Perry: Jones clearly frustrated with a dud offensive performance in Vegas


LAS VEGAS -- That wasn't how the night was supposed to go.

Vegas planned on resting its top 30 or so players Friday night. The Patriots, meanwhile, wanted to get their starters a little bit of playing time in the preseason finale. But Bill Belichick indicated to his team's flagship radio station ahead of kickoff that his top players wouldn't be out there too long.

What happened was the Patriots first-team offense played the entire first quarter and into the second, struggling to build any rhythm or positive momentum despite playing Raiders reserves.

Patriots-Raiders takeaways: New England's offense struggles mightily again

"That wasn't one of our better halves of football," Belichick told Steve Burton of WBZ TV before the second half began.

Frustration set in for New England's second-year quarterback Mac Jones after his third and fourth series of the night.

His first two series ended with a three-and-out and an interception, respectively. After drive No. 3 (when the Patriots went three and out), Jones got to his seat on the sideline, grabbed his electronic tablet, and spiked it behind the bench. After drive No. 4 (a 10-play drive that resulted in a field goal), Jones paced on the sideline briefly and tossed his play-calling wristband aside once he got back to the bench. Eventually the wristband was returned to him and he returned it to his left arm. But Jones' night was done at that point.

He finished completing 9 of 13 passes for 71 yards and one interception. He was sacked twice for 19 yards. In all, the Patriots offense picked up 74 total yards on 24 plays, for an average of just over three yards per play. The first-teamers for the Patriots were flagged for two penalties -- a hold on Mike Onwenu and a pass interference call on DeVante Parker -- and on six run plays they gained a total of three yards.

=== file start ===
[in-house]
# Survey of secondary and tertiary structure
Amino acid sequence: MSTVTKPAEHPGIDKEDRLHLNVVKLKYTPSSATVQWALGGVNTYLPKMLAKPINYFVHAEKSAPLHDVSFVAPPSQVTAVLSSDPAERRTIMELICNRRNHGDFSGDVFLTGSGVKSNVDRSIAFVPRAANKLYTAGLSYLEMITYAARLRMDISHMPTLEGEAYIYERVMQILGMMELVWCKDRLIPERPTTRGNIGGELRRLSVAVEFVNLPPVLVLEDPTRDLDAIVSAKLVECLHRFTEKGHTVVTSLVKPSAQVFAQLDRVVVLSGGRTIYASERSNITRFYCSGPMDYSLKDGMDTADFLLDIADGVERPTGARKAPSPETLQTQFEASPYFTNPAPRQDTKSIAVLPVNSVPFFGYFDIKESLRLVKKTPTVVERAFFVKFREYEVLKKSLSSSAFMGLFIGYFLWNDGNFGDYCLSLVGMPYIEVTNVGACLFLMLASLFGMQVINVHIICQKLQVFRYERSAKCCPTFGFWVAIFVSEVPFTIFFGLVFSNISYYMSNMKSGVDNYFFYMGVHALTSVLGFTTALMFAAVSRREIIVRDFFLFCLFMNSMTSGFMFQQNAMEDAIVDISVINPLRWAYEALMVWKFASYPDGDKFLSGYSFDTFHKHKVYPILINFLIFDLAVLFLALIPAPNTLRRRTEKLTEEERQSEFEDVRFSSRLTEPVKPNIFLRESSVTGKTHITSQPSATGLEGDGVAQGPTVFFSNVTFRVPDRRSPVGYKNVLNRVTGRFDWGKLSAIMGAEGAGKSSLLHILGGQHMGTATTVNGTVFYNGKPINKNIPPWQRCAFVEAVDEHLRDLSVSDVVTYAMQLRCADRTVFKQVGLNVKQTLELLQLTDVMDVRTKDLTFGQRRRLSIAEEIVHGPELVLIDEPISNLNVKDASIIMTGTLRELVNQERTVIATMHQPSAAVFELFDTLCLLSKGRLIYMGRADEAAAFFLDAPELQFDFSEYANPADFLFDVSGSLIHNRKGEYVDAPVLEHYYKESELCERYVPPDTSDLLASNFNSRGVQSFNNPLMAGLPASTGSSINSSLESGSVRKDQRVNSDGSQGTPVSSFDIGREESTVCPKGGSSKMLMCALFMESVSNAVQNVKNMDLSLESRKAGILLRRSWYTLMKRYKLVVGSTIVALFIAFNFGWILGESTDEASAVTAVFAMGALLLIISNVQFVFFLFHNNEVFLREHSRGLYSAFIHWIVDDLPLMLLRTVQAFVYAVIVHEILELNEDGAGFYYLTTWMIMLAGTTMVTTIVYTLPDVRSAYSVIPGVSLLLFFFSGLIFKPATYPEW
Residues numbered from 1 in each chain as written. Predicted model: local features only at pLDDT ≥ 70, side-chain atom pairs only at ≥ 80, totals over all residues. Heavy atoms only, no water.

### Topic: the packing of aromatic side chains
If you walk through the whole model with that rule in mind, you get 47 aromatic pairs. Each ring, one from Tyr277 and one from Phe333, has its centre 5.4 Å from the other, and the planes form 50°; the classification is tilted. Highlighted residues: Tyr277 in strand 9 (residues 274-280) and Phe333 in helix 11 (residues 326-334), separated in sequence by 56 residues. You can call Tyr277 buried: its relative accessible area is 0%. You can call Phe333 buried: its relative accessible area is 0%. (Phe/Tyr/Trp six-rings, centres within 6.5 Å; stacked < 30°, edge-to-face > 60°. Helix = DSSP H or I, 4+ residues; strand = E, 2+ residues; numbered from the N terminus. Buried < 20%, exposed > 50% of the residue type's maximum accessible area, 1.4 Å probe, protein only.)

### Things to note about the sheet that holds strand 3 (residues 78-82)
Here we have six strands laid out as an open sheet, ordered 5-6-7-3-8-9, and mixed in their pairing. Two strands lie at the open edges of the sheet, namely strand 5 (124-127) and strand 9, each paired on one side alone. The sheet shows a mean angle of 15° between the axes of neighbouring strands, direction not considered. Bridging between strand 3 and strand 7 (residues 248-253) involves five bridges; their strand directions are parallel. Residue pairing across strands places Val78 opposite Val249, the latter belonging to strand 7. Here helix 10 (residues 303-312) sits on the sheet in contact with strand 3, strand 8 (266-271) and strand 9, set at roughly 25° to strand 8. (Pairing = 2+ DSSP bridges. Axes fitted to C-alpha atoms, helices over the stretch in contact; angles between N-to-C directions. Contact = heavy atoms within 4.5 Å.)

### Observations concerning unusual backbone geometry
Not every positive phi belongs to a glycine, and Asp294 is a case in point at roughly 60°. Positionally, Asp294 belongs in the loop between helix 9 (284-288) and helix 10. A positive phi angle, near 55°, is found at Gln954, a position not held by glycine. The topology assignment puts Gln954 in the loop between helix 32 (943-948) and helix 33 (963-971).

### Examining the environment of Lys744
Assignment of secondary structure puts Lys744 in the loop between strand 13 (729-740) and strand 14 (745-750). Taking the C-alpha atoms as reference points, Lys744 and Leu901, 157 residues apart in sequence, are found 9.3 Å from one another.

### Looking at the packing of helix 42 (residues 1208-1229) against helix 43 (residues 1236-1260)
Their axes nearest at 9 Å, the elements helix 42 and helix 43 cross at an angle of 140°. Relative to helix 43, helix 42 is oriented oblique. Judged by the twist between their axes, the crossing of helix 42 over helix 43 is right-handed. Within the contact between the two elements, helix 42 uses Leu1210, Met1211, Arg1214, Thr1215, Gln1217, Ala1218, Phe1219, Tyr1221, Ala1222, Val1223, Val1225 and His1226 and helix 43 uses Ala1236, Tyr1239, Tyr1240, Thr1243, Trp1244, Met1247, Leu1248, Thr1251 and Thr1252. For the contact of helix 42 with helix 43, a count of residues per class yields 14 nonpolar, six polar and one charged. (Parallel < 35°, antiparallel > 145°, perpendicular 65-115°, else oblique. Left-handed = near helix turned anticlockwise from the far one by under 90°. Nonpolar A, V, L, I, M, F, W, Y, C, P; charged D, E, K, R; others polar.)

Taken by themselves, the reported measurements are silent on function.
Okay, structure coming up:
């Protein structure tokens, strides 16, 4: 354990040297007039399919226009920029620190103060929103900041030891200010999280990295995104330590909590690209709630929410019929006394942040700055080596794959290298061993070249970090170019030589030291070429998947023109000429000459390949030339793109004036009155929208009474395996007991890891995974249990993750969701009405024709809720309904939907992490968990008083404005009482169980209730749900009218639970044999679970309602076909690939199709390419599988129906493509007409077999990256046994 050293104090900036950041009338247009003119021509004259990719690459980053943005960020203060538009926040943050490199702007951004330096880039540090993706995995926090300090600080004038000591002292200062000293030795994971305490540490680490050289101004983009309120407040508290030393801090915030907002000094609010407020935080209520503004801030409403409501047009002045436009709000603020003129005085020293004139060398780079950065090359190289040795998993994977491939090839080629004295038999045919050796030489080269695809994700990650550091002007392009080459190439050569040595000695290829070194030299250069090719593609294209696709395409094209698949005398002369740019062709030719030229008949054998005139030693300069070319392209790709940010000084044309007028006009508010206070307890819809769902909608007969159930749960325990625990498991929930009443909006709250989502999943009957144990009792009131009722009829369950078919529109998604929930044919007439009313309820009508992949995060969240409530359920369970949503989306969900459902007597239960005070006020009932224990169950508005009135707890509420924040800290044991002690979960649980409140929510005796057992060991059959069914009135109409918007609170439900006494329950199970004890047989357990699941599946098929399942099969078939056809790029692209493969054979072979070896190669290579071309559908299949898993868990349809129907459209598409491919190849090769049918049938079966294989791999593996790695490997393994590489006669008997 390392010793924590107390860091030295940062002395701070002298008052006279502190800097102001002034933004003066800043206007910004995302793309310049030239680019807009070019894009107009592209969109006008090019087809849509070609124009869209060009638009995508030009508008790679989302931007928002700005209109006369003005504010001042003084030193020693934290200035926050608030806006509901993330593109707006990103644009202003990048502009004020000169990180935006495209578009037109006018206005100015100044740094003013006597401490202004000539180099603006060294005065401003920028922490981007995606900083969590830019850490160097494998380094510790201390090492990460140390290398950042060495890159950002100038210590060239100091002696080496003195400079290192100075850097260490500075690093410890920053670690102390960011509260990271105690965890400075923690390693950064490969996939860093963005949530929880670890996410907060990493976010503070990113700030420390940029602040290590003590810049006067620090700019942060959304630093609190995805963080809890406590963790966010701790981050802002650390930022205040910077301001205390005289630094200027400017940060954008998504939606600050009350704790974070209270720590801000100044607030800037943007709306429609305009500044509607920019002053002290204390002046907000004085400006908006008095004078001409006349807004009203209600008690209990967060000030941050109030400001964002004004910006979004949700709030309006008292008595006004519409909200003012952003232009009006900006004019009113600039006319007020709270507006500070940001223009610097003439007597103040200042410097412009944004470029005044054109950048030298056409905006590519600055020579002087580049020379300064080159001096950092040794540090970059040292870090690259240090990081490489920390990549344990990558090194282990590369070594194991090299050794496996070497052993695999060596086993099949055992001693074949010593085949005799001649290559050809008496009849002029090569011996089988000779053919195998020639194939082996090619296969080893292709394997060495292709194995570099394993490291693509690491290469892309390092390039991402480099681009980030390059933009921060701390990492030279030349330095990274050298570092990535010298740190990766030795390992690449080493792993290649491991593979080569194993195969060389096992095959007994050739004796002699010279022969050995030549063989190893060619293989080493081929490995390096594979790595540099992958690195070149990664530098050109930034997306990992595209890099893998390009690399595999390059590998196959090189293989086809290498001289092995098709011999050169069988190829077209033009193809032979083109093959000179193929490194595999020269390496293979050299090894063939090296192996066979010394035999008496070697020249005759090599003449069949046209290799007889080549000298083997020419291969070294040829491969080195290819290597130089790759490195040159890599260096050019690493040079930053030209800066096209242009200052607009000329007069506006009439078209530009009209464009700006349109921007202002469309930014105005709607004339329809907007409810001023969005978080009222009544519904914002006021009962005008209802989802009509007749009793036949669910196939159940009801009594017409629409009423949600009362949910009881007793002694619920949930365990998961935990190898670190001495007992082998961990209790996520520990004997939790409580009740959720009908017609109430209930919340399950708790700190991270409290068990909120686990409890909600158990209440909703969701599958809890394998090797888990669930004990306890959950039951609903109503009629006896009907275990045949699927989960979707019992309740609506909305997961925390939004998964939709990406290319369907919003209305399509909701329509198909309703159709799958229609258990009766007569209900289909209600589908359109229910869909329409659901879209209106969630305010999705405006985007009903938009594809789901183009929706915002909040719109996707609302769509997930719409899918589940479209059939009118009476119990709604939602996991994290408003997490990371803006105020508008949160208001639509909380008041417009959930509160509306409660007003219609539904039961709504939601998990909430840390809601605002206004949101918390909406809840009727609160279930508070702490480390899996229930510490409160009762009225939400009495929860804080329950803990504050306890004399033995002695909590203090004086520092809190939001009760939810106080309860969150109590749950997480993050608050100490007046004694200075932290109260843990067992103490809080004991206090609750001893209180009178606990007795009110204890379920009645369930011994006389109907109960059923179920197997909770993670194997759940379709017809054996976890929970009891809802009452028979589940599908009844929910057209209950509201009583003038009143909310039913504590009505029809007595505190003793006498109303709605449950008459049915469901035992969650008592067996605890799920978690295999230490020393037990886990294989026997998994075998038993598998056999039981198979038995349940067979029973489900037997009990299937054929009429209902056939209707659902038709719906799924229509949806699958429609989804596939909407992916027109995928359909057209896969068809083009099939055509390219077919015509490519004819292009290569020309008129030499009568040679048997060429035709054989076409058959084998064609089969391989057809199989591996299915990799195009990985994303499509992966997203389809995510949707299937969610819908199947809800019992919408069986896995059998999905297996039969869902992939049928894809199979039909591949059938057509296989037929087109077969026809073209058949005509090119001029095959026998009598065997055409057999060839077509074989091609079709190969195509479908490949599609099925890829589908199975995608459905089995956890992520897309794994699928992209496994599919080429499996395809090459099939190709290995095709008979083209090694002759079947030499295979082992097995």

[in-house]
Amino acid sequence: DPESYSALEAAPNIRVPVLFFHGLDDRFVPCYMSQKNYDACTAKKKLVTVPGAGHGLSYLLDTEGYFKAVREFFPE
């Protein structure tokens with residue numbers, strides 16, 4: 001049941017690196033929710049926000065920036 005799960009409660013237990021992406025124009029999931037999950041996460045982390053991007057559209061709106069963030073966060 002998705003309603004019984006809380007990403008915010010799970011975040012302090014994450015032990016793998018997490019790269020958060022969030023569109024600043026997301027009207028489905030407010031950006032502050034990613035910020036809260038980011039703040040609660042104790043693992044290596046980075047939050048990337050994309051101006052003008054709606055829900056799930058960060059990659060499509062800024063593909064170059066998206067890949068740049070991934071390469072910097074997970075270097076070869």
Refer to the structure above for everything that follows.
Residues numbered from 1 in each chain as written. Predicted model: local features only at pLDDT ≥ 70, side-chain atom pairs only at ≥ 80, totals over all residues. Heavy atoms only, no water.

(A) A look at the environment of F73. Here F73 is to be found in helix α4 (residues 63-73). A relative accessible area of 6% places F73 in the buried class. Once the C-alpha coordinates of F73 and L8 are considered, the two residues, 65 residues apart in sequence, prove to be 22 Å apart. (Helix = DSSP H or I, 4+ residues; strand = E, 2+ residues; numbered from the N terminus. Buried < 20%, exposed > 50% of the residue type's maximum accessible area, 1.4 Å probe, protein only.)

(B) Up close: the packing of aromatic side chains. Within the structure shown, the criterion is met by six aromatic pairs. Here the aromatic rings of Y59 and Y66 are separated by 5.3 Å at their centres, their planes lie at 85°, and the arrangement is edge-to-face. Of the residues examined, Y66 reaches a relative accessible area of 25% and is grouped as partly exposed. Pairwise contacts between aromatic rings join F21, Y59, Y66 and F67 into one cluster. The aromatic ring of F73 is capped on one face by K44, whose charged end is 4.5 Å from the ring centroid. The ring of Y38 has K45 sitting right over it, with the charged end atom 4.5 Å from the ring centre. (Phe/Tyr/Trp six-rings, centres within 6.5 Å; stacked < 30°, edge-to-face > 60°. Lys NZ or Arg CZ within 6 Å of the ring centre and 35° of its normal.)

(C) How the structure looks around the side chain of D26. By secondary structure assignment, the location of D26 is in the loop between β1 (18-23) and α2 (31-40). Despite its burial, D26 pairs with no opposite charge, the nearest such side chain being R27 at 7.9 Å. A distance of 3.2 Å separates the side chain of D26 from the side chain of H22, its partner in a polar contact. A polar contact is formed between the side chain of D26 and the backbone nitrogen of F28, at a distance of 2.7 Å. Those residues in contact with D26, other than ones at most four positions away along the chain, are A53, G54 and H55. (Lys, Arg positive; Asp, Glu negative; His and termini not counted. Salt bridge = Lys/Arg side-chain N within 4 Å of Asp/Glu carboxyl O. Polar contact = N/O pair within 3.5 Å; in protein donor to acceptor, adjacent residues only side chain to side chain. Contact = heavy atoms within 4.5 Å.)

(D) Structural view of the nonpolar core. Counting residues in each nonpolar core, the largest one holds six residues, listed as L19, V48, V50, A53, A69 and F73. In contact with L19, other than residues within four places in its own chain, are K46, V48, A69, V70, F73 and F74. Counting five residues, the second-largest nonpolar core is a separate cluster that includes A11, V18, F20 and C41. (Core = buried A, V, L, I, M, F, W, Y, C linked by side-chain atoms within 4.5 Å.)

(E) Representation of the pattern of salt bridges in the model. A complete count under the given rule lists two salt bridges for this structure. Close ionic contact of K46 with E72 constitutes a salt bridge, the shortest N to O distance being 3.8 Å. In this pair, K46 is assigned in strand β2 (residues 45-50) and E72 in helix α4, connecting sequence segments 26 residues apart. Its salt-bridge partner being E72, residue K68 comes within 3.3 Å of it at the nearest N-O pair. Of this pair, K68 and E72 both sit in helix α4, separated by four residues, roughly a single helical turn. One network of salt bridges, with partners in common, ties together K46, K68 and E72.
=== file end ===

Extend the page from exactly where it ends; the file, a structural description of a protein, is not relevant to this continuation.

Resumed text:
Jones addressed those moments of frustration on the sidelines during his postgame press conference.

"I think I care a lot about this game," he said. "I sometimes get a little bit too passionate. But at the same time... don’t let it carry over. I don’t think I did that. After the interception and all that I just try to clean the plate and start fresh. Sometimes that’s getting the frustration out and moving on.

"Obviously I need to do a better job of just playing the next play. Don’t let one little play get frustrating. It’s the preseason. You don’t know how many plays you’re going to play. But it doesn’t really matter. Just go out there and give your best effort every play. Sometimes it’s hard to find a rhythm, but that’s what you've got to do regardless of how much you’re going to play. We can do better with that. And we will."

When Belichick was asked if he would preach patience to a player exhibiting frustration in a preseason game, understanding meaningful snaps are still two weeks away, Belichick didn't go into much detail.

"I don't know," he said. "I'm sure everybody has their emotions."